Trend Watch: Fake/Parody Web Sites Create Legal Issues
Legal disputes over "fake" Web sites and social media profiles seem to be a developing trend. On Monday, I discussed in this post how Connecticut Republicans recently set up dozens of fake Twitter accounts and Web sites using
the names of Democratic state representatives, e.g., MeetChrisDonovan.com.The Republicans are using the Web sites to criticize their opponents, and had been doing the same thing using Twitter until Twitter shut down the fake accounts.
Since writing that post on Monday, I have come across two other recent stories involving fake or impersonated Web sites. This post on the Social Networking and the Law blog discusses a lawsuit filed on Sept. 24, 2009 after four students allegedly created a fake Facebook profile of another boy. The fake profile contained:
actual cell phone number, photos, and defamatory remarks. The
defendants' posts suggested the boy liked to engage in homosexual acts,
and they also sent "disturbing, vulgar and sexual comments to a few
At one point, the fake profile had 580 "friends" -- many who knew the
boy. Some of the users recognized the profile as a prank, but some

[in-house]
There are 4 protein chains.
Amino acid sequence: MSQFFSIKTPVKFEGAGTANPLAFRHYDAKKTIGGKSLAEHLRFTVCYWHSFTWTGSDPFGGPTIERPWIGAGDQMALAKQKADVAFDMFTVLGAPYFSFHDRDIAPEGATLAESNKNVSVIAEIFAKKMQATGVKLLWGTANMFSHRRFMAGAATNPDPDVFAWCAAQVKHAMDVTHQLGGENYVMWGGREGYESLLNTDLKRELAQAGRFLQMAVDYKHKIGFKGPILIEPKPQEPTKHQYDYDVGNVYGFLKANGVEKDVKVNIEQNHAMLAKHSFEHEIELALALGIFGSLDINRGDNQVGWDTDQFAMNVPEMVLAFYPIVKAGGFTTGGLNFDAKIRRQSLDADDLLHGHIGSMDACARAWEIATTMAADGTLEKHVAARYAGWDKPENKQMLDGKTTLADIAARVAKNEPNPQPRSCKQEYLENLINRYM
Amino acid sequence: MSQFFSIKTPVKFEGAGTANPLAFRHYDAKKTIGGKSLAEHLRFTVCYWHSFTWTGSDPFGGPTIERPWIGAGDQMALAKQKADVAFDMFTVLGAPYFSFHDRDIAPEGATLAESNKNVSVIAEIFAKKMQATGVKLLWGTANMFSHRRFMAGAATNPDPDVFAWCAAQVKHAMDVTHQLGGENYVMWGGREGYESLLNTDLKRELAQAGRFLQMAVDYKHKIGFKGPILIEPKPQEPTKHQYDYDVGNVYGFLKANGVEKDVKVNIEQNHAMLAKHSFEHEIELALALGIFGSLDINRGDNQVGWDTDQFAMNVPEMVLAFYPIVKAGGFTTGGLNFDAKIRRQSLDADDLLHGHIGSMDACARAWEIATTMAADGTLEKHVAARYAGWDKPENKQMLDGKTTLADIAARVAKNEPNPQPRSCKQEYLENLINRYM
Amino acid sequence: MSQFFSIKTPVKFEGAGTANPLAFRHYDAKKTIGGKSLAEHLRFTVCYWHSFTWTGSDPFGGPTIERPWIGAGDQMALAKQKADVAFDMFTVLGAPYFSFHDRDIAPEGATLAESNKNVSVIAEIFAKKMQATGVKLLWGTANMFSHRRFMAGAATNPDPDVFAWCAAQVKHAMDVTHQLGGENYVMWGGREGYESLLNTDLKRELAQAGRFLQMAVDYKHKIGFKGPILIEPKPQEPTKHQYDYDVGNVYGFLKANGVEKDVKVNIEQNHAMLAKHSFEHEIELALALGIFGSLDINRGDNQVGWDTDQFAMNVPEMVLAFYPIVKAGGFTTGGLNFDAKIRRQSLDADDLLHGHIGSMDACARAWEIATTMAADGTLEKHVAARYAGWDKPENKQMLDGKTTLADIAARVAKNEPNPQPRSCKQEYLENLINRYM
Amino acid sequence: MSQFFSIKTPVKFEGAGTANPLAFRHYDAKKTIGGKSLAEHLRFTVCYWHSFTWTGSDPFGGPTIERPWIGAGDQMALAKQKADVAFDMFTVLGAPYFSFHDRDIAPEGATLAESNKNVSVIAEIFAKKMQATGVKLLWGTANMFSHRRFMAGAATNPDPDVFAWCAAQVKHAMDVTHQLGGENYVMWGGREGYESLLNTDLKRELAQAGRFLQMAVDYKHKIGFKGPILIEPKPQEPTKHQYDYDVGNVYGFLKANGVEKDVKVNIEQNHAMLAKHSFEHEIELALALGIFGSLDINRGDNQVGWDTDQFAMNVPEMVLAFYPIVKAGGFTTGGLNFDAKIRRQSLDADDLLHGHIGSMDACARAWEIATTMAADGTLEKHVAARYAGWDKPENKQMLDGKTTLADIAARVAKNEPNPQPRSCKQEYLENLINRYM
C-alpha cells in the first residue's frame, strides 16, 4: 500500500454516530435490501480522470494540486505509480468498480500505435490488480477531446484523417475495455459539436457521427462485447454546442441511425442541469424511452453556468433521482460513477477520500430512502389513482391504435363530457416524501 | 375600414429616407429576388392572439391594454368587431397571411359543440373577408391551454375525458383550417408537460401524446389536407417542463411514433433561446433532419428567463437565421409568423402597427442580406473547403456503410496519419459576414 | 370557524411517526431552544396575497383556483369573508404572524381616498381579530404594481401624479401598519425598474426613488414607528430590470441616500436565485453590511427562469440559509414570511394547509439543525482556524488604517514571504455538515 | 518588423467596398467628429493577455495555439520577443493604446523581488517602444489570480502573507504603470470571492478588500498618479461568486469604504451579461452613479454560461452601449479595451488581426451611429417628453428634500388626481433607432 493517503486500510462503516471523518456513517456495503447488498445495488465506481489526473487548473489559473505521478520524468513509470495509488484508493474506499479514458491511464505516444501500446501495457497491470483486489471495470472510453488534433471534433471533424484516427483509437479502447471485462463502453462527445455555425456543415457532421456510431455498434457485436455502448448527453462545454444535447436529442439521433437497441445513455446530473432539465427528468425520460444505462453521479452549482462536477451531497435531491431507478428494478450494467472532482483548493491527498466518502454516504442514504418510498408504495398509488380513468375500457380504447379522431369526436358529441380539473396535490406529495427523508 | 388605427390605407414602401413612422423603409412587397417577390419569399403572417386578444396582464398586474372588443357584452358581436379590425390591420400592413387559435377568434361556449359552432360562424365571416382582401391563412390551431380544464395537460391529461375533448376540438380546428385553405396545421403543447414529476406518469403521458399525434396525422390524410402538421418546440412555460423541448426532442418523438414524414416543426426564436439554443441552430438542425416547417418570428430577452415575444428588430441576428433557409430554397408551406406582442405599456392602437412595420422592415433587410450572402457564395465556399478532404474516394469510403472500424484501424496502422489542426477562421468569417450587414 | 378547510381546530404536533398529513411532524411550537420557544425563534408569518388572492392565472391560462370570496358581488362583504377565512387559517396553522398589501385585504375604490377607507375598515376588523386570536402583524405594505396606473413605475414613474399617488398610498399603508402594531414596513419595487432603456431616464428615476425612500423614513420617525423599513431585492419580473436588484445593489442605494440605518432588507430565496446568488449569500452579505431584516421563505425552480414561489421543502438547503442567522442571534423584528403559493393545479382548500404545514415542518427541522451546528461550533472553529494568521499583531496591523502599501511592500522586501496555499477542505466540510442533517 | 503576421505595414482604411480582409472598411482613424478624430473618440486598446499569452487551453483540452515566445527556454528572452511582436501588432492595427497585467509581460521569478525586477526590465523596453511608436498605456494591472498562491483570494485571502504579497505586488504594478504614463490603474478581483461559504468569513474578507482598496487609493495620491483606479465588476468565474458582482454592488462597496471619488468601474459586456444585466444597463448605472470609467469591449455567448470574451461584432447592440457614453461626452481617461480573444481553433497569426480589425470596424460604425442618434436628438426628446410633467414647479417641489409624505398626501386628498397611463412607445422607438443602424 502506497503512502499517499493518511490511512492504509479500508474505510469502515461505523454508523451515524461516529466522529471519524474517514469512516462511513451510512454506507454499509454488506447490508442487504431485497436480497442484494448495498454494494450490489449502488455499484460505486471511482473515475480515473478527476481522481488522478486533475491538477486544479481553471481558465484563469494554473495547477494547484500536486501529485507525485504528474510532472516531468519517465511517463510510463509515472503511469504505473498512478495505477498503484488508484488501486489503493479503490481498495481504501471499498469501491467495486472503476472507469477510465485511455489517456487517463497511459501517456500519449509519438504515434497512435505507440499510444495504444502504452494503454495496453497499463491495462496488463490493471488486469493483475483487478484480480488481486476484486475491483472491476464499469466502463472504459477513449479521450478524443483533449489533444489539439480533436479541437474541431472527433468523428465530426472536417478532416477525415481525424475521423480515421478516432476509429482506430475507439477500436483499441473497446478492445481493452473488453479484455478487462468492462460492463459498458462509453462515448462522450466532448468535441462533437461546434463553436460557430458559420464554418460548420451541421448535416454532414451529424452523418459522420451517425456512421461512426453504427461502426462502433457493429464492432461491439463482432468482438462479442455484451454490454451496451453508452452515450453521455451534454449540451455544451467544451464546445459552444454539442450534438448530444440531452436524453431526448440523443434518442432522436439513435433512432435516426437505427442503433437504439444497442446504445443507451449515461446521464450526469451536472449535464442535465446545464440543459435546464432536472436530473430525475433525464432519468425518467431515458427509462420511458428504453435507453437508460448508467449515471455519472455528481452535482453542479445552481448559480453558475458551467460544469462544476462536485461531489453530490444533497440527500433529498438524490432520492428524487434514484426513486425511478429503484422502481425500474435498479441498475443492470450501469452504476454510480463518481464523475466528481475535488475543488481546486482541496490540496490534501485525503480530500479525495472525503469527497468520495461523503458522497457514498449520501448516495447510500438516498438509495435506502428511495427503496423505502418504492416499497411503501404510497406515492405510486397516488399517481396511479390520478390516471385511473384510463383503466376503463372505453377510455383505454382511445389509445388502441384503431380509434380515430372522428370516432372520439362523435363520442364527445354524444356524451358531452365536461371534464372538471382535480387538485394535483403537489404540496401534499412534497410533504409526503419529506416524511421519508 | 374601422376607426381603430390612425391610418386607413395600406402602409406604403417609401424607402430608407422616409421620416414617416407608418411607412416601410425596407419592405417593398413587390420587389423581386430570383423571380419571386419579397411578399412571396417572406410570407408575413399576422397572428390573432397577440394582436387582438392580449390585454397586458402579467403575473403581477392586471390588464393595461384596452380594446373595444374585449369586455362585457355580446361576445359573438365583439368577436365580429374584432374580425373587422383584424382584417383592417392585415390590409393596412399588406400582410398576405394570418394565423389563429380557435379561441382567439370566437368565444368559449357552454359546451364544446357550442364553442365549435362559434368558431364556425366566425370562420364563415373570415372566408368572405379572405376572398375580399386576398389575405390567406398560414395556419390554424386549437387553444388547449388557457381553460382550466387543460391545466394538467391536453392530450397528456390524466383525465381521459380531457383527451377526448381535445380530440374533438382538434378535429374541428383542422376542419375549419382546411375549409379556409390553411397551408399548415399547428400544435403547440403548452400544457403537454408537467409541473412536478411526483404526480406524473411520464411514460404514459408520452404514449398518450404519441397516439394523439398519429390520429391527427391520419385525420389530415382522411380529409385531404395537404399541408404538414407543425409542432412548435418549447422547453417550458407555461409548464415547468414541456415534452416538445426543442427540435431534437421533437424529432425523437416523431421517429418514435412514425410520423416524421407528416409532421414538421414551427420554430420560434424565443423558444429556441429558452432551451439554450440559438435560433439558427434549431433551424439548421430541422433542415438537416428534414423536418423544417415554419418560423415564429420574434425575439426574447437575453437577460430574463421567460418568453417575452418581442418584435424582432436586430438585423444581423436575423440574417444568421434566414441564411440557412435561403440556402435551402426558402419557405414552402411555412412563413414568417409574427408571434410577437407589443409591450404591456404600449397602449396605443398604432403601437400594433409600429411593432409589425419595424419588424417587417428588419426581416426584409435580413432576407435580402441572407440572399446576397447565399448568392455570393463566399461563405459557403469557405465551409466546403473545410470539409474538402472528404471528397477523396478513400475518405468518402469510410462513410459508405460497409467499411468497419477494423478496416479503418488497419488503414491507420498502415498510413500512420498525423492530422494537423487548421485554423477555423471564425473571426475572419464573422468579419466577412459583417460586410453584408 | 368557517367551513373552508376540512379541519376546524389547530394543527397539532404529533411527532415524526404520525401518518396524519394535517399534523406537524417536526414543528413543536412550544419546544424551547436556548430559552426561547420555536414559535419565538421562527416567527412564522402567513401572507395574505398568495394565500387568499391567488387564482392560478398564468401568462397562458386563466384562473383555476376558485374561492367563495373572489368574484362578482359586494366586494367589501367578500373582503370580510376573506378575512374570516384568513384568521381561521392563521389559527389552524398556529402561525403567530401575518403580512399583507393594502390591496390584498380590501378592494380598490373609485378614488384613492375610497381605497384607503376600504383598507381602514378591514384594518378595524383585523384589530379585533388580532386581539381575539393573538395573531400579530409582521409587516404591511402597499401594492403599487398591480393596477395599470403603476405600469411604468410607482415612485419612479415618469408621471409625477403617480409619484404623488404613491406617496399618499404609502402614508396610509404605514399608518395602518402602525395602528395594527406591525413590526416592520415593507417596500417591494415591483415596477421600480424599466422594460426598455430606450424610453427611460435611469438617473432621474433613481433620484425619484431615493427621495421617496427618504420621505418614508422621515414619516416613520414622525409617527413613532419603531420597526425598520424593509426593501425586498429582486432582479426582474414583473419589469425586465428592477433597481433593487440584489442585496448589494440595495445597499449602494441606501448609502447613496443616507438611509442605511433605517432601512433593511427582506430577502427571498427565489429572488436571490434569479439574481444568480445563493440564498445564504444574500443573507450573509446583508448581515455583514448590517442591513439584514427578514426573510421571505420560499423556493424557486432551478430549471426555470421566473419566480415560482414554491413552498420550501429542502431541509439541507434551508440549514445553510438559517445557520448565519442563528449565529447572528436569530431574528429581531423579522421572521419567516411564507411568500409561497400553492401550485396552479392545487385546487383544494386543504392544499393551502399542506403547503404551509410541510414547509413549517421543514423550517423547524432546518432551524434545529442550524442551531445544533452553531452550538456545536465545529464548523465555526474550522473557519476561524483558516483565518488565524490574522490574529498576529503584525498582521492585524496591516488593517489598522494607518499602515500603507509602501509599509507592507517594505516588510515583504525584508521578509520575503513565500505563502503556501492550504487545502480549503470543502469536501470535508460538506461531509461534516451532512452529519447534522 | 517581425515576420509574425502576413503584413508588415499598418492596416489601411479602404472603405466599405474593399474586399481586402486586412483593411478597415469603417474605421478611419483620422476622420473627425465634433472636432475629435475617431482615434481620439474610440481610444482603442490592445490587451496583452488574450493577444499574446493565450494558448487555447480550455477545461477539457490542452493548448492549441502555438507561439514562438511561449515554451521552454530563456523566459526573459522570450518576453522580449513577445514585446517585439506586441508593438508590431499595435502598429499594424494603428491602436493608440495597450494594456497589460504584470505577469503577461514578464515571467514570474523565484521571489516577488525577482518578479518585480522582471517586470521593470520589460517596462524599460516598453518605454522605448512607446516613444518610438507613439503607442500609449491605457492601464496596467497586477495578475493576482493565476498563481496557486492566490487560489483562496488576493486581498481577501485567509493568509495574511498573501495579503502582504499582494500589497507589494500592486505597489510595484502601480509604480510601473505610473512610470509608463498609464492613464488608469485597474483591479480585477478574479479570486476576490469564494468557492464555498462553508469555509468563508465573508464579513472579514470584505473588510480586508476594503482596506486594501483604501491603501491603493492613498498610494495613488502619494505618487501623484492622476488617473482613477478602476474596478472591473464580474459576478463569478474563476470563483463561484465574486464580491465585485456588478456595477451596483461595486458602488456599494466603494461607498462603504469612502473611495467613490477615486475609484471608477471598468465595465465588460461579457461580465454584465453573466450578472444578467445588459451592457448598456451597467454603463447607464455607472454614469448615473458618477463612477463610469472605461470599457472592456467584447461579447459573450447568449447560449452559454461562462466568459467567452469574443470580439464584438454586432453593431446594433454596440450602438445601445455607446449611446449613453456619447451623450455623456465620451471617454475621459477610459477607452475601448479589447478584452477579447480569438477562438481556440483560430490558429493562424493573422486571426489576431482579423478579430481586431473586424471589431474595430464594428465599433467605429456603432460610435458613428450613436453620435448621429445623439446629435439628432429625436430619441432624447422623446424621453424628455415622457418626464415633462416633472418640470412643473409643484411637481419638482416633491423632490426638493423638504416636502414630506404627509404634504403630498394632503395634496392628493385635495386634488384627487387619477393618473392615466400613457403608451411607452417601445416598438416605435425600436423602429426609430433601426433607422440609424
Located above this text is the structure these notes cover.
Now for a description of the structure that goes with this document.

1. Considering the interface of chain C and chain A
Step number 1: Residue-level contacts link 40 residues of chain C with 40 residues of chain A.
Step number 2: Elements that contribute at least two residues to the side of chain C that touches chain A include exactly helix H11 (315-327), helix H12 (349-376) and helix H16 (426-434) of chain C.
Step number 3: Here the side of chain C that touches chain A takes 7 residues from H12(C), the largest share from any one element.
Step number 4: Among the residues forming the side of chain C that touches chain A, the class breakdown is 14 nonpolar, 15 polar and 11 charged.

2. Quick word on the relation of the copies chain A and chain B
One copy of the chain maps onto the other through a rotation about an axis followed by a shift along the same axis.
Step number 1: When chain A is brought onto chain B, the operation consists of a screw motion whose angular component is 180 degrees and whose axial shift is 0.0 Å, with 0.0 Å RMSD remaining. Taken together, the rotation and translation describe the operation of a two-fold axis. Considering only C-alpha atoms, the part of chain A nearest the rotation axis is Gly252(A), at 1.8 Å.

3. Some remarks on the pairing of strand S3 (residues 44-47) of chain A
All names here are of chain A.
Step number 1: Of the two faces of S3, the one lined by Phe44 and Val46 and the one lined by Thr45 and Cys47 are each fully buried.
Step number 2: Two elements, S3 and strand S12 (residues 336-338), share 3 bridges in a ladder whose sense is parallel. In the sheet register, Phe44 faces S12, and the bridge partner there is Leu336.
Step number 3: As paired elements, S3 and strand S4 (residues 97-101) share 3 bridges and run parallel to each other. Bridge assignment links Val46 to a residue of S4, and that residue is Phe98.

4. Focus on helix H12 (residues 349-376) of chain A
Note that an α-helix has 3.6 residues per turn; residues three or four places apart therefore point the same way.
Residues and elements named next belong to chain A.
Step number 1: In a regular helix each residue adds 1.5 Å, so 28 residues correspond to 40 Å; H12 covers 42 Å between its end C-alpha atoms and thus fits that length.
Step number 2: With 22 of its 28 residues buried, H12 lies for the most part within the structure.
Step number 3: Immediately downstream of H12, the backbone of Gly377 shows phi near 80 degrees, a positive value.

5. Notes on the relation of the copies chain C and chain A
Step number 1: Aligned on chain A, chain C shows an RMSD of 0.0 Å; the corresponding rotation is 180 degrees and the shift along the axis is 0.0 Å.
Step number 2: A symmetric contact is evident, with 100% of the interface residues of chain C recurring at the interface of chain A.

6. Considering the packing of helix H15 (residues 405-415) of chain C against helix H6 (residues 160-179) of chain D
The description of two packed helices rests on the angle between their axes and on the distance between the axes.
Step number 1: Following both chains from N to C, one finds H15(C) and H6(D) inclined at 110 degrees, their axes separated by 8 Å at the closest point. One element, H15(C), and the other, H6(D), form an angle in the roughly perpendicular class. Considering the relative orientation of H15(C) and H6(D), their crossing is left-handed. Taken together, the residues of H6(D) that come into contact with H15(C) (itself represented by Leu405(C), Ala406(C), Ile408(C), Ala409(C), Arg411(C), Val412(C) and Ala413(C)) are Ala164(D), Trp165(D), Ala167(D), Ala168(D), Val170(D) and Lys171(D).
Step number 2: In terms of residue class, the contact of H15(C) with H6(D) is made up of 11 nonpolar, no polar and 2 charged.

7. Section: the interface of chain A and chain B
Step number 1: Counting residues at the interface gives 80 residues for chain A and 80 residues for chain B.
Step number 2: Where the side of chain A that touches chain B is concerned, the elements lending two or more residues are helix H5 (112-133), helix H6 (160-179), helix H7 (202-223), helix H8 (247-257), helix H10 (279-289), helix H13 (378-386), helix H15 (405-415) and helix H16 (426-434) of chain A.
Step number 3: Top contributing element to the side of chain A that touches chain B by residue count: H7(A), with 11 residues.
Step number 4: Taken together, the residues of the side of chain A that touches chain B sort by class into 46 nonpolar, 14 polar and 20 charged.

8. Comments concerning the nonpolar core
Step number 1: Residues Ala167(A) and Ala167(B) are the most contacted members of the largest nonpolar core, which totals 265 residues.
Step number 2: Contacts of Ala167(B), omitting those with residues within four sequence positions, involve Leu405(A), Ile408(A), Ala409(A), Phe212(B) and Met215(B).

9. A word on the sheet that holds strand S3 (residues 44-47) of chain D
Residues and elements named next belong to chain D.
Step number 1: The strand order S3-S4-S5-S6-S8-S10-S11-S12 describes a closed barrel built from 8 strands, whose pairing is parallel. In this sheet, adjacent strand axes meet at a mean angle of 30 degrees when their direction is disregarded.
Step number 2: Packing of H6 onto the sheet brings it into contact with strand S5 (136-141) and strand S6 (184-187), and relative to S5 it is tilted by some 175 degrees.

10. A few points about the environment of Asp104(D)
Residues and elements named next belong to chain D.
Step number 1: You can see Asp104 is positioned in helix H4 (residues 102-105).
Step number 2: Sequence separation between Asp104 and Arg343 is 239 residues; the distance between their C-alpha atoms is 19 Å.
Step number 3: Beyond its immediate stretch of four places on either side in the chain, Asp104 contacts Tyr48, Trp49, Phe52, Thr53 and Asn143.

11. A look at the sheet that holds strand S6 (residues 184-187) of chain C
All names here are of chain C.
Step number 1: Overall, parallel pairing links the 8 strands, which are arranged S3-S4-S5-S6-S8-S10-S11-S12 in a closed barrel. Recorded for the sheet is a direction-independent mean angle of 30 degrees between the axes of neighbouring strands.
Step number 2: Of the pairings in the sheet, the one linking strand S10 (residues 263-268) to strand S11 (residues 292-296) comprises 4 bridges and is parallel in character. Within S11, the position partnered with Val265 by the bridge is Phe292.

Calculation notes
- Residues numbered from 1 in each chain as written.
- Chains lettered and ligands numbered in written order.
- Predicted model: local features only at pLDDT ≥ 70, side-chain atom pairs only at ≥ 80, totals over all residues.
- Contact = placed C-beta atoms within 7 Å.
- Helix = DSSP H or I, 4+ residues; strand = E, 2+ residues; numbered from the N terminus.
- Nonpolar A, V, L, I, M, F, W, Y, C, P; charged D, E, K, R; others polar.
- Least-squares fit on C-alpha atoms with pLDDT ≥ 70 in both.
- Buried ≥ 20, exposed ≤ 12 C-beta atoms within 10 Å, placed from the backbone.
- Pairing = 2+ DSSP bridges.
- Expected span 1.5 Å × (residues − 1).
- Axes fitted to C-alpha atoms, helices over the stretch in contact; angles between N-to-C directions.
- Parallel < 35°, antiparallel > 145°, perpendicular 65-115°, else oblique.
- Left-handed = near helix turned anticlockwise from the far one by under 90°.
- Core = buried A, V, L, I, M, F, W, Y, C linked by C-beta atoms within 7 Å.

believed it really belonged to [the boy].
The lawsuit, filed by the boy's mother on his behalf, includes claims for defamation per se, defamation per quod, false
light, intentional infliction of emotional distress and injunctive
Most recently, as discussed in this post in the ABA Journal's Trademark Law section, the U.S. Chamber of Commerce filed a lawsuit against a group called the "Yes Men" for trademark infringement, unfair
competition and false advertising. Among other things, the Yes Men created a parody/hoax Web site that allegedly looked exactly like the Chamber's. Although the Chamber's attorneys reportedly sent a Digital
Millennium Copyright Act takedown notice last week to the site's provider, Hurricane Electric Internet Services, claiming that the site
constituted copyright infringement and must be shut
down immediately, the site is still up and running here.
As in the Connecticut Republican matter, the issue in the "Yes Men" case appears to boil down to whether the site in question is "parody." The Electronic
Frontier Foundation issued a press release last week stating that "We are very disappointed the Chamber of Commerce decided to respond
to political criticism with legal threats. The site is obviously intended to highlight and
parody the Chamber's controversial views."
Keep your eyes open for more of these fake Web site cases, as they seem to be sprouting up everywhere these days.
Posted by Bruce Carton on October 28, 2009 at 11:07 AM | Permalink
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